Top: Photos of moss and pathogen damage can help decision-makers understand the influence of poorly placed trees. Bottom: The need to remove this tree depends largely on how frequently the nearby cart path is used.
WIIFM (What’s In It For Me?)
Emphasize problem-solving, aka burden relief. Decision-makers always want to know what’s in it for them and the course, even if it costs money to get there. This is where you talk about getting rid of problems A, B and C and obtaining benefit D, E and F by spending a certain amount of time and money.
Sweeten the pot
Always try to add just one more benefit to your proposal. Removing trees from the perimeter of one fairway will have an obvious agronomic benefit, for example, but don’t forget to touch on the strategic and playability benefits from the change. Many stakeholders are interested in or impressed with extras — tangible benefits they get for the same price.
Anticipate a decision-maker’s objections to the plan and be ready to counter them. Work out and practice your answers with a friend or co-worker in a role-play environment. Know the long run, the short run and a basic step-by-step process, and be able to spout them off without hesitation.
Timing is everything. Anticipate when the decision-maker will be most receptive to hearing proposals, and deliver the pitch at that time. Perhaps the three days of the month when the owner is paying the biggest bills isn’t the best time for the pitch, but the week after a successful member/guest tournament would be.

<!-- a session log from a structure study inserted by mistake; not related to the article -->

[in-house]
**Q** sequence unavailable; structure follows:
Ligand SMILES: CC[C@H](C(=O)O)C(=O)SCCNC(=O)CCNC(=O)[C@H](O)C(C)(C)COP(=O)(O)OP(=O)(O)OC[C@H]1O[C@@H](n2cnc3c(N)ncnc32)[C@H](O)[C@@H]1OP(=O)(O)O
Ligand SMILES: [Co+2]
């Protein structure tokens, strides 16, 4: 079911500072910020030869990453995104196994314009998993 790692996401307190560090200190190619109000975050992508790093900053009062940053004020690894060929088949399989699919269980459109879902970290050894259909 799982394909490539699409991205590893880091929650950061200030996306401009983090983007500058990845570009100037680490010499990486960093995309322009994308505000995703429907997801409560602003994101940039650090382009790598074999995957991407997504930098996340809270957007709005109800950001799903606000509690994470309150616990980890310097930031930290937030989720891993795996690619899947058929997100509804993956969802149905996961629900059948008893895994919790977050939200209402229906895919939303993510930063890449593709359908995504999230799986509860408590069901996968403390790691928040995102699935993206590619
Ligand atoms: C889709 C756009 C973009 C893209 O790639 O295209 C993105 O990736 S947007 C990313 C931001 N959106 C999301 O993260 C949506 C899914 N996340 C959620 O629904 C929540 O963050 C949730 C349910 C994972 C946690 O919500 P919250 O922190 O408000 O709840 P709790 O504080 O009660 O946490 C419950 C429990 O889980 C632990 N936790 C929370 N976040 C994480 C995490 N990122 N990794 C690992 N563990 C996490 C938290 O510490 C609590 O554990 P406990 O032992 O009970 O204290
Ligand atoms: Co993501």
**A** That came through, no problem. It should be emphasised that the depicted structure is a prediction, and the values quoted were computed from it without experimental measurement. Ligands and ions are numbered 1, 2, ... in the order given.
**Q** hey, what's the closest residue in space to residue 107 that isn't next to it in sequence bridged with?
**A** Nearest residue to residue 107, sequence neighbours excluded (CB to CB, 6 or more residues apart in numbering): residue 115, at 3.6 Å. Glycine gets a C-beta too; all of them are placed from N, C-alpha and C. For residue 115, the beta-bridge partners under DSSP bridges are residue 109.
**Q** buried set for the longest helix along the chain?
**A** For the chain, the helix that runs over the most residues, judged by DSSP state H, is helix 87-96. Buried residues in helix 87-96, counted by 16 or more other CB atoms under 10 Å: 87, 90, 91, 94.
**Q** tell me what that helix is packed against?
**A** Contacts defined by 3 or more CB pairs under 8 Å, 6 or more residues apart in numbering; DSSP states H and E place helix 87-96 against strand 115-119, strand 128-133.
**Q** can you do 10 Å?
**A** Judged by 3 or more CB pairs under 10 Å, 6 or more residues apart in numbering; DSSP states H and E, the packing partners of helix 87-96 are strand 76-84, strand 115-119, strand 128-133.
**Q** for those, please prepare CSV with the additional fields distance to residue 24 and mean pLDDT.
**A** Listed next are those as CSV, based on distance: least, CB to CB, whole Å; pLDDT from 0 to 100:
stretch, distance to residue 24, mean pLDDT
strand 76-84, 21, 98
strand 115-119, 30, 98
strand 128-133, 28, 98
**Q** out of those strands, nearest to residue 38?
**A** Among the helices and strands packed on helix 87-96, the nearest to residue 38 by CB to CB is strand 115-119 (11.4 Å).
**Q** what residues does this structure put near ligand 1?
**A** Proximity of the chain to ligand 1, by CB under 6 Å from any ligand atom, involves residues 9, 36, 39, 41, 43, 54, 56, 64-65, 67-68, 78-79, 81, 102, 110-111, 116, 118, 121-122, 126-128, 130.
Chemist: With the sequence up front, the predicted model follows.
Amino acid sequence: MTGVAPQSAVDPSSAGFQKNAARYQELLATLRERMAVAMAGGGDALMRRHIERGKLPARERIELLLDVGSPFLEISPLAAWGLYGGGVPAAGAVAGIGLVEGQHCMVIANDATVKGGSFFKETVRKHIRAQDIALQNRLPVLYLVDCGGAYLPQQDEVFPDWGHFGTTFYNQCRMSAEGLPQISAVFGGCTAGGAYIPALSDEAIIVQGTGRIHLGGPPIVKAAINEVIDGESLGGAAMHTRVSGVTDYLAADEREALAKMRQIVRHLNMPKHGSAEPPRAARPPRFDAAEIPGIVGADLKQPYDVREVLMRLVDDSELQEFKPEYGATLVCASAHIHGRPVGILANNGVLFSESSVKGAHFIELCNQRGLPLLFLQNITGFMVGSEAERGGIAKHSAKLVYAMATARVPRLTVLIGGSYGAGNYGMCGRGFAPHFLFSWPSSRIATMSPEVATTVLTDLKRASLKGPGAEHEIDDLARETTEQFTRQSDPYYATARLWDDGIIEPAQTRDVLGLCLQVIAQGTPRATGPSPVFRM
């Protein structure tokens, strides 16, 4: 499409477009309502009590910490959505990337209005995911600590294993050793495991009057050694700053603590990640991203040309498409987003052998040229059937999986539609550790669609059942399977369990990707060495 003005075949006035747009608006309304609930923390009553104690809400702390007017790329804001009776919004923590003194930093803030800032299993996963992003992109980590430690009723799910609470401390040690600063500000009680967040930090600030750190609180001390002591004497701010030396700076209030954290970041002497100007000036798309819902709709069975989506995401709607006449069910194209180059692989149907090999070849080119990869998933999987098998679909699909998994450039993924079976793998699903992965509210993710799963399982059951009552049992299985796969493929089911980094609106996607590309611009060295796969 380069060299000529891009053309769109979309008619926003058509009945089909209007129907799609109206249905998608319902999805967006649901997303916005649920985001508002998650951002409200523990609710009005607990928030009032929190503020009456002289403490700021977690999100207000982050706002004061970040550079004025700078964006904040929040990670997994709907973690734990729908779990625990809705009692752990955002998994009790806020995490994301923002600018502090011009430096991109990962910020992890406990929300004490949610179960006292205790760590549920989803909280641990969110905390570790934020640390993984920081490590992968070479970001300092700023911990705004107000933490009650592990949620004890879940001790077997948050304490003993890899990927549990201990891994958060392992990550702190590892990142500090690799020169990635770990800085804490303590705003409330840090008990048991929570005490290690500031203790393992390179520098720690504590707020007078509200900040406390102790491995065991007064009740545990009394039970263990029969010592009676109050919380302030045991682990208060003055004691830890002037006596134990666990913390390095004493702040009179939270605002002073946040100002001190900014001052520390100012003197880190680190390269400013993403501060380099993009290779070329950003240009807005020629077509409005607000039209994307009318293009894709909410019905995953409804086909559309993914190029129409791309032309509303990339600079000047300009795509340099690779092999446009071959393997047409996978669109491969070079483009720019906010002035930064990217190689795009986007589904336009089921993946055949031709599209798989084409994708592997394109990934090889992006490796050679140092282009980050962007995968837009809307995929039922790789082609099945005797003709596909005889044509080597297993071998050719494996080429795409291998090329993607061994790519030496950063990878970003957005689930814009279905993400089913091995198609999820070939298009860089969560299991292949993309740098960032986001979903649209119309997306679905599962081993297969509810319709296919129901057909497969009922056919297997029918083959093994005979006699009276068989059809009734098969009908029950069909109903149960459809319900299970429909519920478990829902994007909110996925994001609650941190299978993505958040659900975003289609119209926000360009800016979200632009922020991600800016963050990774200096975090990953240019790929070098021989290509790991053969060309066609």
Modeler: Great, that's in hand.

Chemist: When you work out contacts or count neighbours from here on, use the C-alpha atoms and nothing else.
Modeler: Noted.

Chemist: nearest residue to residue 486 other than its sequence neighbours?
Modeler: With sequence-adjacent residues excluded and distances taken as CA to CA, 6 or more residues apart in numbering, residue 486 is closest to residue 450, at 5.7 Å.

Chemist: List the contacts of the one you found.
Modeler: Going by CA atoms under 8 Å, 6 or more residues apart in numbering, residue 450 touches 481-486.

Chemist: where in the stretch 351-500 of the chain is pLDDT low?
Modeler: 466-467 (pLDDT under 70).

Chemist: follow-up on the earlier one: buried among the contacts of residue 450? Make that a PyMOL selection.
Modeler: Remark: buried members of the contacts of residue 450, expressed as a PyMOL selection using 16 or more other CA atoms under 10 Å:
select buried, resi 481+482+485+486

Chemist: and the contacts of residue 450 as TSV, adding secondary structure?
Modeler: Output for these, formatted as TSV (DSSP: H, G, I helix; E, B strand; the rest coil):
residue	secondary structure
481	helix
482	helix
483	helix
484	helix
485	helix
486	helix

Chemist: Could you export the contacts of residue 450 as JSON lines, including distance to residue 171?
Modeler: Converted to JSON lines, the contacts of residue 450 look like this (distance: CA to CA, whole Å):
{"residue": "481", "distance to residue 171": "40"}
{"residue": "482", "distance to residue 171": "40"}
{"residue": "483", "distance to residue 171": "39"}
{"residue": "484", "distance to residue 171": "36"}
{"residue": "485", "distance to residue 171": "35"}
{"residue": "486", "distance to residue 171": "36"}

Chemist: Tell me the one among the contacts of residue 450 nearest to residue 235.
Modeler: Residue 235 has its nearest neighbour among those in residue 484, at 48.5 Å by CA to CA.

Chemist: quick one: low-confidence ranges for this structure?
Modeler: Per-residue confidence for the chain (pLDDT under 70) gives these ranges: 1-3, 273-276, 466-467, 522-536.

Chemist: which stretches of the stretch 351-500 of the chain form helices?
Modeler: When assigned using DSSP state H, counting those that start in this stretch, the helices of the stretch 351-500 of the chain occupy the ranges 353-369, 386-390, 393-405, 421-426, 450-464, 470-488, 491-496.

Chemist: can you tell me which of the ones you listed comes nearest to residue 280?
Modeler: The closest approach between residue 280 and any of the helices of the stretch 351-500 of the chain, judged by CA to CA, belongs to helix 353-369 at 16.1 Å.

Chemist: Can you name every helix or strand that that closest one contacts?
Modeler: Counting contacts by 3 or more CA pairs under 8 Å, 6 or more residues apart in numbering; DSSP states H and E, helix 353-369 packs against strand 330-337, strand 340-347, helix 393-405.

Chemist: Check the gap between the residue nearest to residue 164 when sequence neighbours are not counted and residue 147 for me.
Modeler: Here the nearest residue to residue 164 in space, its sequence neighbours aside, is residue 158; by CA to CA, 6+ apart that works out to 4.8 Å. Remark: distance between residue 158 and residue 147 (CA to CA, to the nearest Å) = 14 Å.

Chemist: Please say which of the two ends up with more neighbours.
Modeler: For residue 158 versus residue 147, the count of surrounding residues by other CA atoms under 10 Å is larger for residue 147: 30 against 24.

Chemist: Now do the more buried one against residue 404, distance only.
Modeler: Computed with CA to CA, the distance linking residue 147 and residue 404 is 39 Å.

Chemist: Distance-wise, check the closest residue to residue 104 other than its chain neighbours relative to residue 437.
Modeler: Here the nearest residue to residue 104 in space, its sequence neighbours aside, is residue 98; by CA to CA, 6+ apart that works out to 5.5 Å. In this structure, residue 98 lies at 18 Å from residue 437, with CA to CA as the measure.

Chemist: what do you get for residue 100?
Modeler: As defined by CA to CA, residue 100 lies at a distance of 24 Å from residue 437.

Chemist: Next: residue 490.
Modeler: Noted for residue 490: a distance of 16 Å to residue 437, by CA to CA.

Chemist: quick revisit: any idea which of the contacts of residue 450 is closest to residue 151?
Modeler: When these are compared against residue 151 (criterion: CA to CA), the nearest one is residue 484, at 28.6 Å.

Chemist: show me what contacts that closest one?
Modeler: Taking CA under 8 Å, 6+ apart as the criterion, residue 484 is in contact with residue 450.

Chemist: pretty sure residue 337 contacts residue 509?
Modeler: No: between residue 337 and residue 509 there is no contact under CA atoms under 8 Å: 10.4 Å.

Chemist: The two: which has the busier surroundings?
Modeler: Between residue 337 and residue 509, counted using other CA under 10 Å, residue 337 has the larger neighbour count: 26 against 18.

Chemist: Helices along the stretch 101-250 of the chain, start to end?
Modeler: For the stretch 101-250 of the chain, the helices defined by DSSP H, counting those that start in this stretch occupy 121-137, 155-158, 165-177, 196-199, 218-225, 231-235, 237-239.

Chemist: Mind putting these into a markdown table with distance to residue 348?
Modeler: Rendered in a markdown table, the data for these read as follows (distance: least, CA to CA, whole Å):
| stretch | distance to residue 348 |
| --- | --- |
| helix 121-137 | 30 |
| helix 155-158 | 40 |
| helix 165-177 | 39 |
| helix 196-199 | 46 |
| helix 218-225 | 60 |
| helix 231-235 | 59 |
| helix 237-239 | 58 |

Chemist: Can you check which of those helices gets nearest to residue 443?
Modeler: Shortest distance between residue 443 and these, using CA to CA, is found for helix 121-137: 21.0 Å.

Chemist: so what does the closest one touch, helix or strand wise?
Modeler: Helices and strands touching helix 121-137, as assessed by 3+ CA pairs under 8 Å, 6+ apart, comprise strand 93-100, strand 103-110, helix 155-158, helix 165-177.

6. State the situation
Prepare a three-part situation chart or list (like this example) that can help illustrate different situations around your property. It’s best to divide them into trees where you’ll likely have to accept how things are now; trees where possible action will be needed or trees that you’re watching closely; and trees where action is necessary right away.
This step helps illustrate to the decision-makers that you’re being reasonable and willing to accept that it’s not always feasible to make all the changes that you’d like to make. Plus, it highlights the proposed actions of highest need.
7. What were the results?
All projects call for planning, consideration of options, implementation and evaluation. Tree removal is no different. Six months after the removal of a tree, remembering the problems that it was causing (photographic recall is best) and providing an honest analysis of current conditions will bring the project full circle.
After evaluation, further actions are likely to be required, such as replanting, more tree removal or hardscape installation. Assistance from an ISA-certified arborist, preferably one with Tree Risk Assessment Qualification, is invaluable in revisiting the previously implemented steps and considering recommendations for the future.
John C. Fech is a horticulturist and Extension educator with the University of Nebraska-Lincoln. He is a frequent contributor to GCM.